Home Cosmetic Science Talk Formulating Matte Liquid Lipstick Formula Gone Wrong!

  • Matte Liquid Lipstick Formula Gone Wrong!

    Posted by equilibrium604 on May 18, 2015 at 6:49 pm

    Hi everyone,

    I’m completely new to this forum and this will be my first post! I’m from Vancouver, Canada and I’ve had a steady online business for over 2.5 years now. I handmake and design jewellery and recently I decided on adding my own handmade cosmetics to my online shop. I’ve put in many hours of research on FDA label regulations, ingredients, and wholesale cosmetic resources.

    Right now I’m struggling with my liquid lipstick formula. My goal is to make a pigmented, liquid lipstick that goes on wet but dries to a complete matte. I’d like the formula to feel light and as non-drying as possible on the lips. 

    This is the formula I’m currently working with (ingredients I put together on my own after studying many different formulas in various liquid lipstick brands):

    PHASE A  (Heated to 80 degrees celsius + for melting point of wax)
    Carnauba Wax  5% 
    Jojoba Oil 15%
    Iso-Dimethicone 40%
    Glycerin (vegan) 5%
    Mica Spheres 5%

    PHASE B (mix powders until no clumps)
    Lakes/Oxides 3%
    Titanium Dioxide 3%

    PHASE C
    Magnesium Stearate 4%
    (Wait for formula to cool down to 50 degrees celsius or less before adding the following)
    Cyclo-Dimethicone 12%
    Phenoxyethanol 1.5%
    Benzylalcohol 0.5%
    Vitamin e 1%
    Kaolin 3%
    Fragrance 2% (which I’m definitely changing because the scent was way too strong!!)

    Also, I add Phase A to a heat resistant beaker in boiling water on my stove at home with the vent hood on, my kitchen window open, and a mask on. So here’s the problem: after mixing this formula, I came up with a very liquidy, watered down substance that looked clumpy when swatched. A week later, the formula became extremely clumpy at the bottom and watery up top. Here are some photos:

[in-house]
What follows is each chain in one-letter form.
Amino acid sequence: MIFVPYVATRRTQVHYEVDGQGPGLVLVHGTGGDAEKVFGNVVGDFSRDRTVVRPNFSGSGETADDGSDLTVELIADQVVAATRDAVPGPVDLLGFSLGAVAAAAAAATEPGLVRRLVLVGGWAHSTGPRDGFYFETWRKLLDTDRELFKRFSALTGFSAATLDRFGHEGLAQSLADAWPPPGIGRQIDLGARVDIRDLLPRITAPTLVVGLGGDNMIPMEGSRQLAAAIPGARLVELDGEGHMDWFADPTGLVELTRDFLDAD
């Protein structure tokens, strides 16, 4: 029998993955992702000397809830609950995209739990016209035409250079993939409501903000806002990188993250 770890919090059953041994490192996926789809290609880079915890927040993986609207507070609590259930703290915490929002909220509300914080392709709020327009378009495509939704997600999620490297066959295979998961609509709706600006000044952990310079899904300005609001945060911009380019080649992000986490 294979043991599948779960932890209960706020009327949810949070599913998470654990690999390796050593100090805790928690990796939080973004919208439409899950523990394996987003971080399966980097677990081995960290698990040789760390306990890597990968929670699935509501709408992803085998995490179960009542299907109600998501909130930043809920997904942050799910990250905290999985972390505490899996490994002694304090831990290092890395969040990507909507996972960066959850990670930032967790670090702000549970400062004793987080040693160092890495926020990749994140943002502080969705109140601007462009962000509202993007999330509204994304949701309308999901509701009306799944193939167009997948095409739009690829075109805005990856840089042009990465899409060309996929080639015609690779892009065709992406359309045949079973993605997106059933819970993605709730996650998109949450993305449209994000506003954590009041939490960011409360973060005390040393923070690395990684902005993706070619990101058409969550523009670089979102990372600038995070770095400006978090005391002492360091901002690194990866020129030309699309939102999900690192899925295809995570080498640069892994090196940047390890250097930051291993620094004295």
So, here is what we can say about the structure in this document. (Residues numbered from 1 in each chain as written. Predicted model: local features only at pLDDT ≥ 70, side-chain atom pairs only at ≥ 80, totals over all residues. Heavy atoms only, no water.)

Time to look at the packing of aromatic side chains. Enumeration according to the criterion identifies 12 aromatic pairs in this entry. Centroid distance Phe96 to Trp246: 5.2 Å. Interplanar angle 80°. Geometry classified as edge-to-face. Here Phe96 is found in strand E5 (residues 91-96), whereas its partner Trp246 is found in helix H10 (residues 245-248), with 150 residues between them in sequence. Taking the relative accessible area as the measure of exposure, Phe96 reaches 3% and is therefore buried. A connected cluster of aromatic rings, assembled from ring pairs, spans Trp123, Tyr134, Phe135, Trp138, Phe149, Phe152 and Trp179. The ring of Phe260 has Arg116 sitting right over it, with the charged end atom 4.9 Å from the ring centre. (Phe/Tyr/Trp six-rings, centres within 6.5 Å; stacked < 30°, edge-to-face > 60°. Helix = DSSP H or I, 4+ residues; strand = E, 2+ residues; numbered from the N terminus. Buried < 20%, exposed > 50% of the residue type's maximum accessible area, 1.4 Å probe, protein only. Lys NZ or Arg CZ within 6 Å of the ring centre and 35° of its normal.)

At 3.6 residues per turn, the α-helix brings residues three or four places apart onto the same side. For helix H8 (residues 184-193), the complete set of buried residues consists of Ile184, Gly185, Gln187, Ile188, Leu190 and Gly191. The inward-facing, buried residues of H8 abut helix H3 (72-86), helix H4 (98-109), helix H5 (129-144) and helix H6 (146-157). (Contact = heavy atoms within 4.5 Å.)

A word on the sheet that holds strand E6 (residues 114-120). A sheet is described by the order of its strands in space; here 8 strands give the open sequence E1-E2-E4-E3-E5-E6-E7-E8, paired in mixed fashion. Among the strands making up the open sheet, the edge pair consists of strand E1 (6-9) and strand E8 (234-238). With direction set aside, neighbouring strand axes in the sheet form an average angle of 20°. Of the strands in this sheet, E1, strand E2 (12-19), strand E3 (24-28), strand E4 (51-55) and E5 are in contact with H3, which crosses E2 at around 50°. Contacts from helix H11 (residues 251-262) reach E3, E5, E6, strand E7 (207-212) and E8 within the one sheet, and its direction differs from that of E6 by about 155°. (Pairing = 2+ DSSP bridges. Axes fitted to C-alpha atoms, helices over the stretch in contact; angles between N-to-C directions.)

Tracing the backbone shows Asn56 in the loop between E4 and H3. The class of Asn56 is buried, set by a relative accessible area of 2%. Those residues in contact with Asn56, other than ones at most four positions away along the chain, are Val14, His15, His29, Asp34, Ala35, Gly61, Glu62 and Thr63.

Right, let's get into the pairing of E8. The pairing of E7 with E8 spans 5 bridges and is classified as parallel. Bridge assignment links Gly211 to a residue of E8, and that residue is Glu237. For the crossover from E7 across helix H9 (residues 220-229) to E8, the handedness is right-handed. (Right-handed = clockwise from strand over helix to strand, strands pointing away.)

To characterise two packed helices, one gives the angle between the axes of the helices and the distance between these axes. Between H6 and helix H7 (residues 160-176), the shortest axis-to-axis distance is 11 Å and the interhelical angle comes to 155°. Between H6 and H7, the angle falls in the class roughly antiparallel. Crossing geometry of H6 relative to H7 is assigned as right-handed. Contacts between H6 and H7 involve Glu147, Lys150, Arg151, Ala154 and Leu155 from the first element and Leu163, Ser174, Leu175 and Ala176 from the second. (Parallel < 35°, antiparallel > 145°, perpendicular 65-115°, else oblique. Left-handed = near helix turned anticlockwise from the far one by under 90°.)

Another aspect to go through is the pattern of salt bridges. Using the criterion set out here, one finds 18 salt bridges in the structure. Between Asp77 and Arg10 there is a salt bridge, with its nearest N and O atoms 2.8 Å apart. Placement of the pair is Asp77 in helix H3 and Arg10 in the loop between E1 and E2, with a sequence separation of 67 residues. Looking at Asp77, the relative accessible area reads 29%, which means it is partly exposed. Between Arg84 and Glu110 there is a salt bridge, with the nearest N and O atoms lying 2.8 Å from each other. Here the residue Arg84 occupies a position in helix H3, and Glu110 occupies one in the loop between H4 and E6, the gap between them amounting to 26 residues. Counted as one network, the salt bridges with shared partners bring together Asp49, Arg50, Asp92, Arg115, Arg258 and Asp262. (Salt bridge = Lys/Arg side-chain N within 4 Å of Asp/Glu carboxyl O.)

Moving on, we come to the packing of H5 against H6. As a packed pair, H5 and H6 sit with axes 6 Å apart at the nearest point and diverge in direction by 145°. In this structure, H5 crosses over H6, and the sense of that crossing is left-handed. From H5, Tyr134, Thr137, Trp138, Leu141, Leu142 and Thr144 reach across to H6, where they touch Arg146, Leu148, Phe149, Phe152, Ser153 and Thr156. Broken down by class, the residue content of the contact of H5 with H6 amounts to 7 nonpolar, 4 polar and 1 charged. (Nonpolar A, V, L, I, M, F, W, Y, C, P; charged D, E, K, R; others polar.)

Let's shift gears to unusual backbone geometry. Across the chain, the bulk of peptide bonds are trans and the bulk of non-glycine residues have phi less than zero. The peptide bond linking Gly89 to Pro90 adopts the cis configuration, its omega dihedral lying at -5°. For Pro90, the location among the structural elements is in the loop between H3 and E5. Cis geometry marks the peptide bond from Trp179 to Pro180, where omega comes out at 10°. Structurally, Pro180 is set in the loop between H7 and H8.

I am feeling like an extreme noob at this. Any help or advice as to what I can do to make this formulation successful would mean a great deal to me and would be much appreciated!! Thank you (and my apologies for the longest post ever.)

    bobzchemist replied 8 years, 9 months ago 3 Members · 5 Replies
  • 5 Replies
  • equilibrium604

    Member
    May 20, 2015 at 1:41 am

    Someone please help :(

  • bobzchemist

    Member
    May 20, 2015 at 4:25 am

    There’s too much wrong with that formula to fix it. 

    Use pre-made powder dispersions, unless you have a 3-roll or ball mill.

    Start with formulas that are known to be good, and adjust/customize from there. Wait to start formulating from scratch until you have several years of experience.
  • equilibrium604

    Member
    May 21, 2015 at 6:01 am

    @Bobzchemist - Thanks for your response and info. Which parts of the formula are incorrect? Are they all of the ingredients themselves? I know many liquid lipsticks have at least 90% of these ingredients in their formulas, but of course the percentages of each are unknown.

    I was thinking though that I would have to get predispersed colours, however. Thank you for the links.

  • Neha

    Member
    May 27, 2015 at 1:35 pm

    Hey Equilibrium..!!

    Try using pigmented dispersions in the formula.. and some volatile fluids silicone or volatile liquids in place of oils n dimethicone. obviosly along with the waxes and mattifying agents(u already using silica so thats enough i guess).
    Keep updating :)
  • bobzchemist

    Member
    May 27, 2015 at 2:09 pm

    The percentages, some of the ingredients, and all of the procedure.

    If you are new to this, your best bet is to start by taking one of Perry’s courses. Alternatively, buy a pre-made base, some pre-dispersed pigments, and experiment. 
    Please don’t forget to follow cGMP and do all of the needed testing before offering anything for sale in the US.
    Cosmetic Chemistry/formulation is extremely difficult to learn if you’re trying to teach yourself. Most professional cosmetic chemists have put in at least 6-8 years learning how and why to formulate.

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